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The question of how large the American economy is may seem trivial at first. A simple glance at the most recent GDP statistics should suffice, one would think. However, there are many things that go unreported in this figure, their failure to appear causes many policy errors, and in the unlikely event of a currency dislocation, companies’ exposure to specific markets may have big repercussions on their share of the global market.

There are three different factors influencing GDP and the global market share which go quite unnoticed. One of them, debt in all its form (household, corporate, state), will be left out in this article as the focus here is on exchange-rates and wealth-generating activities.

For years the U.S. government has been trying to lure the value of dollar down in order to increase exports. But that recommendation is missing the rationale of what an undervalued currency is supposed to achieve. The role of the exchange rate in Asian economies is usually misreported. The reason Asian nations manage the value of their currencies is because their emphasis lies on developing an industrial sector and becoming an advanced nation in the first place. It is not really jobs they want, they want the economic attributes of a modern nation – an industrial and manufacturing core. Before they can focus on living standards and consumption, they need to become developed first, and enthusiasm for reform usually runs out after a generation, which is why they need to be quick.

Initially, this strategy serves them well as they attract funds, investment and technology. Ultimately, however, they would like to transform their economies and become consumer-led economies as only that increases domestic living standards.

Looking at The Economist’s Big Mac index, it becomes evident that it is mainly producer nations' currencies that are undervalued and consumer nations' currencies that are overvalued. Initially, the Asian economies were far too small of a market and their consumers lacked sufficient purchasing power, hence the currency gambit. Ironically enough, just as their citizens' purchasing power rises, by moving up the value chain their produced goods become more expensive as well.

It is here that current American monetary policy comes into play. For decades, the process of Asian ‘handing over' purchasing power worked by and large to the benefit of American consumers. By virtue of being born American, one was in the enviable position of being able to consume more than could be justified in pure economic terms. When the White House talks about pushing up the value of the Chinese yuan, it at the same time also makes the case for bringing this arrangement to an end.

What goes unappreciated is that if the Fed increases the money supply, say via Quantitative Easing, this forces nations such as China to restrict their own share of the world economy. Typically, if a country goes through inflation, the value of its currency goes down (law of one price). But the U.S. is protected from this because of the role of the dollar. QE drives the price of commodities higher in dollar terms (all else being equal), but Asian nations cannot afford to let the value of currencies rise in the same fashion to cushion that effect. Europe’s protected from that as the euro is allowed to make the necessary adjustments and American workers’ compensation increases in line with inflation. The direct consequence is that Asian citizens are losing out on the world market. If you make 2500RMB a month, but the price of oil rises without the RMB moving upwards, you lose real purchasing power. America has the privilege of being able to flood the world economy with dollars while being able to push the cost of adapting to producer nations. That creates a dangerous dis-equilibrium in that currencies such as the RMB move further and further away from their real value. Naturally, there are two sides to this issue. While Chinese anger about this is understandable, the free-market case for letting the currency appreciate is just as strong.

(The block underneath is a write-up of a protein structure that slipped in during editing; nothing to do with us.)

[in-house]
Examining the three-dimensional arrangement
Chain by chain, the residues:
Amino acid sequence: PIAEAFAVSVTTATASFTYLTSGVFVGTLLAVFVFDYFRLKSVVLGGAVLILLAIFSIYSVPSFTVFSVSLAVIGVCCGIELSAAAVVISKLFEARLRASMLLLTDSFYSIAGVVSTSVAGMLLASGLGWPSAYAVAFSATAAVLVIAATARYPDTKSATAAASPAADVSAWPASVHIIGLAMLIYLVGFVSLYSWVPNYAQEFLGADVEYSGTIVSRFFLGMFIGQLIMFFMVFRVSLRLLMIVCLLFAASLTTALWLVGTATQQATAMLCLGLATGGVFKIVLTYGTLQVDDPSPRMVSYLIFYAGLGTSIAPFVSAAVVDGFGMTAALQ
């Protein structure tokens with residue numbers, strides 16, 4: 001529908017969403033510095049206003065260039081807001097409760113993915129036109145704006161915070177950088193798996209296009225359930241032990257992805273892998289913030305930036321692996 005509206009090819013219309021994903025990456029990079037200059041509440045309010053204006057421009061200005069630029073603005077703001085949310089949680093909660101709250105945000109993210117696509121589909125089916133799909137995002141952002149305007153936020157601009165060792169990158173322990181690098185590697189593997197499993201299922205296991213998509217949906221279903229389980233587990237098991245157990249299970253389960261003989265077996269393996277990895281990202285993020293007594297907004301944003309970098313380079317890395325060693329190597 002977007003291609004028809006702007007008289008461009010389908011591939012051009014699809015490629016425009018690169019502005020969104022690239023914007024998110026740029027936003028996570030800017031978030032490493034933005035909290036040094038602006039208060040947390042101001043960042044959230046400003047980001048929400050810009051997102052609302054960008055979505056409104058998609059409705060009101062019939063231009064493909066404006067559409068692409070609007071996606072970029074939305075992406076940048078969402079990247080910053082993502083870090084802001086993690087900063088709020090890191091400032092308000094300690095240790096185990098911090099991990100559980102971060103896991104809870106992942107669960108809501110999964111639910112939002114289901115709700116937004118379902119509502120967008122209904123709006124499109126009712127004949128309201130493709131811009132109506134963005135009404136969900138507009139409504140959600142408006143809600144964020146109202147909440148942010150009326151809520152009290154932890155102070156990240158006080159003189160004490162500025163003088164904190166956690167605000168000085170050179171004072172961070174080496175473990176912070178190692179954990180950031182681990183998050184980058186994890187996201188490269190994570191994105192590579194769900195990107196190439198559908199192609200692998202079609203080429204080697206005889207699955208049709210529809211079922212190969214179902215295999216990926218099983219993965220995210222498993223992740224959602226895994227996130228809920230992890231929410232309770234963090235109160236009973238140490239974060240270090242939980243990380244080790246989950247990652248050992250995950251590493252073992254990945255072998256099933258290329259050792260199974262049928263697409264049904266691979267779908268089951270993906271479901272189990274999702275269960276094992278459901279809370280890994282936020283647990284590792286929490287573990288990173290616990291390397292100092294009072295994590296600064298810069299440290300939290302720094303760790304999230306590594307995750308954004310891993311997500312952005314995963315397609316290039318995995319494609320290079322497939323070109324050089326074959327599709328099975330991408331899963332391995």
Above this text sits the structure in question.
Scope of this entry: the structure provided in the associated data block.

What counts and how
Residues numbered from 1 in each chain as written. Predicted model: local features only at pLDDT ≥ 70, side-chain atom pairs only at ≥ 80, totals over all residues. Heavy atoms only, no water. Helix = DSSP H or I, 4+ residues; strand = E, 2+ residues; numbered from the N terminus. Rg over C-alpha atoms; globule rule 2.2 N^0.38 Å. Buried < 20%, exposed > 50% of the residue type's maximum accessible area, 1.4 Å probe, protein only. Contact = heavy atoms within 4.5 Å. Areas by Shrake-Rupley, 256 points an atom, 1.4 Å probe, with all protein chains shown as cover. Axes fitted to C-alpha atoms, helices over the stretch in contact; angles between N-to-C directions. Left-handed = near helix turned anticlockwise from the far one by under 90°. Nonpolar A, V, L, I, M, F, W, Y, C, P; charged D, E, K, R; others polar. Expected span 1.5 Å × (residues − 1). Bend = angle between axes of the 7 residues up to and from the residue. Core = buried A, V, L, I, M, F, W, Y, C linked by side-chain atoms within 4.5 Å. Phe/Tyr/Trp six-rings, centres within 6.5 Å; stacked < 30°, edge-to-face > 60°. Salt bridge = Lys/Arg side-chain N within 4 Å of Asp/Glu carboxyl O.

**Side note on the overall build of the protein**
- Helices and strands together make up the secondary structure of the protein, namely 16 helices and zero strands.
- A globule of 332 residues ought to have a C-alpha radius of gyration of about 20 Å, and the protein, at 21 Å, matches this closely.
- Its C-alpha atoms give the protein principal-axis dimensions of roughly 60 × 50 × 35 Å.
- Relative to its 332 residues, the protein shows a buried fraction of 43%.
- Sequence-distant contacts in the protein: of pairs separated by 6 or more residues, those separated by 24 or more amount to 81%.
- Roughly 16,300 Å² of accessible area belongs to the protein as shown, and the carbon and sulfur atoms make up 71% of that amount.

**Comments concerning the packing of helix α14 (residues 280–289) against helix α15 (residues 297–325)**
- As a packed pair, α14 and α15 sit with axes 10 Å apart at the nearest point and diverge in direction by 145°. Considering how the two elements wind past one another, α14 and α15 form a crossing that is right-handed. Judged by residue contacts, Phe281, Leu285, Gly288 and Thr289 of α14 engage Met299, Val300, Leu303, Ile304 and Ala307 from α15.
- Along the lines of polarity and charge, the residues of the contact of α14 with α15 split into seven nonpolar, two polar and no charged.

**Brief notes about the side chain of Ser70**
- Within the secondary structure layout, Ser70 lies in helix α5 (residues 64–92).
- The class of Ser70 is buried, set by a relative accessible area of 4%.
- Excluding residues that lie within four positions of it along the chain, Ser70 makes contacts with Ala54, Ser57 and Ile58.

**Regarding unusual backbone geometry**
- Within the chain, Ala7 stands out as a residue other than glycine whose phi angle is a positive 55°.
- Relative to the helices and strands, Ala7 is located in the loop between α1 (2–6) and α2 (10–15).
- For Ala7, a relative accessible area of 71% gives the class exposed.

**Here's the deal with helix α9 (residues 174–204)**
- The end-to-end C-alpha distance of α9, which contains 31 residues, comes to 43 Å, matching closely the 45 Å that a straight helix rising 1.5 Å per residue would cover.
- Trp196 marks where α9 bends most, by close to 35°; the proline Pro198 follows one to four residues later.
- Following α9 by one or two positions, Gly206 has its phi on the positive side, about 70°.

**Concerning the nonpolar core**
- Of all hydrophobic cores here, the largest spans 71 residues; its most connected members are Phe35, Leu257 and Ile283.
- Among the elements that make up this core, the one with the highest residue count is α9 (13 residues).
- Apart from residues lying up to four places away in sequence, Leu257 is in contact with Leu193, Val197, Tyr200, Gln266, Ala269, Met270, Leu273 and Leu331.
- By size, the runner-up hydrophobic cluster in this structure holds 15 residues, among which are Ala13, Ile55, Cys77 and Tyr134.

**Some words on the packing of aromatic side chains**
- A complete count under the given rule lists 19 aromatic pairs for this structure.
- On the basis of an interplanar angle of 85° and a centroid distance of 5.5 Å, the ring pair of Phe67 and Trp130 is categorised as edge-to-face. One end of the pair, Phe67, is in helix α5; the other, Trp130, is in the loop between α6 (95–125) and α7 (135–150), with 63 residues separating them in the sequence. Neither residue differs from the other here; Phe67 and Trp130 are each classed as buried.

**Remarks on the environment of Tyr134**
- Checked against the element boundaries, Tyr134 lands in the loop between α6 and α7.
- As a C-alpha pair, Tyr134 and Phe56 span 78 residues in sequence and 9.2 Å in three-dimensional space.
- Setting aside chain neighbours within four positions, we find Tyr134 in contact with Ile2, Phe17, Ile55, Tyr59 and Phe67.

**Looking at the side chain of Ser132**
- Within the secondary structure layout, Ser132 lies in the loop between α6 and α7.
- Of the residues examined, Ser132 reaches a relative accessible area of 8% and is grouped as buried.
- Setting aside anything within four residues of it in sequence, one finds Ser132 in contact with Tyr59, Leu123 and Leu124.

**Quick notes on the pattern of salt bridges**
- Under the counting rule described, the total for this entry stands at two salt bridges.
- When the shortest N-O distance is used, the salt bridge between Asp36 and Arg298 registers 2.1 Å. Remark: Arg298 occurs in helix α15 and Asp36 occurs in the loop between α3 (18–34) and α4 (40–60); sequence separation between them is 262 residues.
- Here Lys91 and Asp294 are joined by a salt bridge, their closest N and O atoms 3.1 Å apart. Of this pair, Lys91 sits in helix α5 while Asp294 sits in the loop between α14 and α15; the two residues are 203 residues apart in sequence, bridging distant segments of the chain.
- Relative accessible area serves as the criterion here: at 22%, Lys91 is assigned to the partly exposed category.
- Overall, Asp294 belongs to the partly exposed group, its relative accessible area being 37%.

The difficulty of incorporating asset values and services into GDP is that they are basically leveraged plays on a country's core economic strength. The same task, e.g. serving burgers, adds more to GDP in developed than developing nations. Yet, if the country's core strength is miscalculated, the whole edifice suffers as a consequence. And this is where it gets phenomenally tricky. Some analysts disregard the importance of the Japanese export sector as it makes up only a small fraction of total GDP, yet it is from that exporting prowess that many other industries derive their prosperity.

China’s share of global private consumption is at a mere 5.6% compared with 29.1% for the US and 26.2% in Western Europe. Yet, at the same time, a China which isn’t even close to reaching its full potential is already the largest market for many consumer goods, including cars.

How would America’s share of global consumption look if other nations stopped undervaluing their currencies? What about commodity prices? Which countries could benefit from a proper adjustment? China is an easy answer, yet its export industries rely on the currency subsidy. In order to answer that question accurately, one would need much more data and a whole array of tools, but it is not far-fetched to assume that the global market share of America would fall substantially. Economies are complex systems and there’s never only one side to any given story.

As I noted in an earlier article, an undervalued RMB causes problems for the lower class in America and Europe via increased competition for low-skilled jobs, but a more market-based RMB would create problems for the middle and upper class via lowering their global purchasing power and higher commodity prices.

Source: What Is the Real Global Market Share of the American Economy?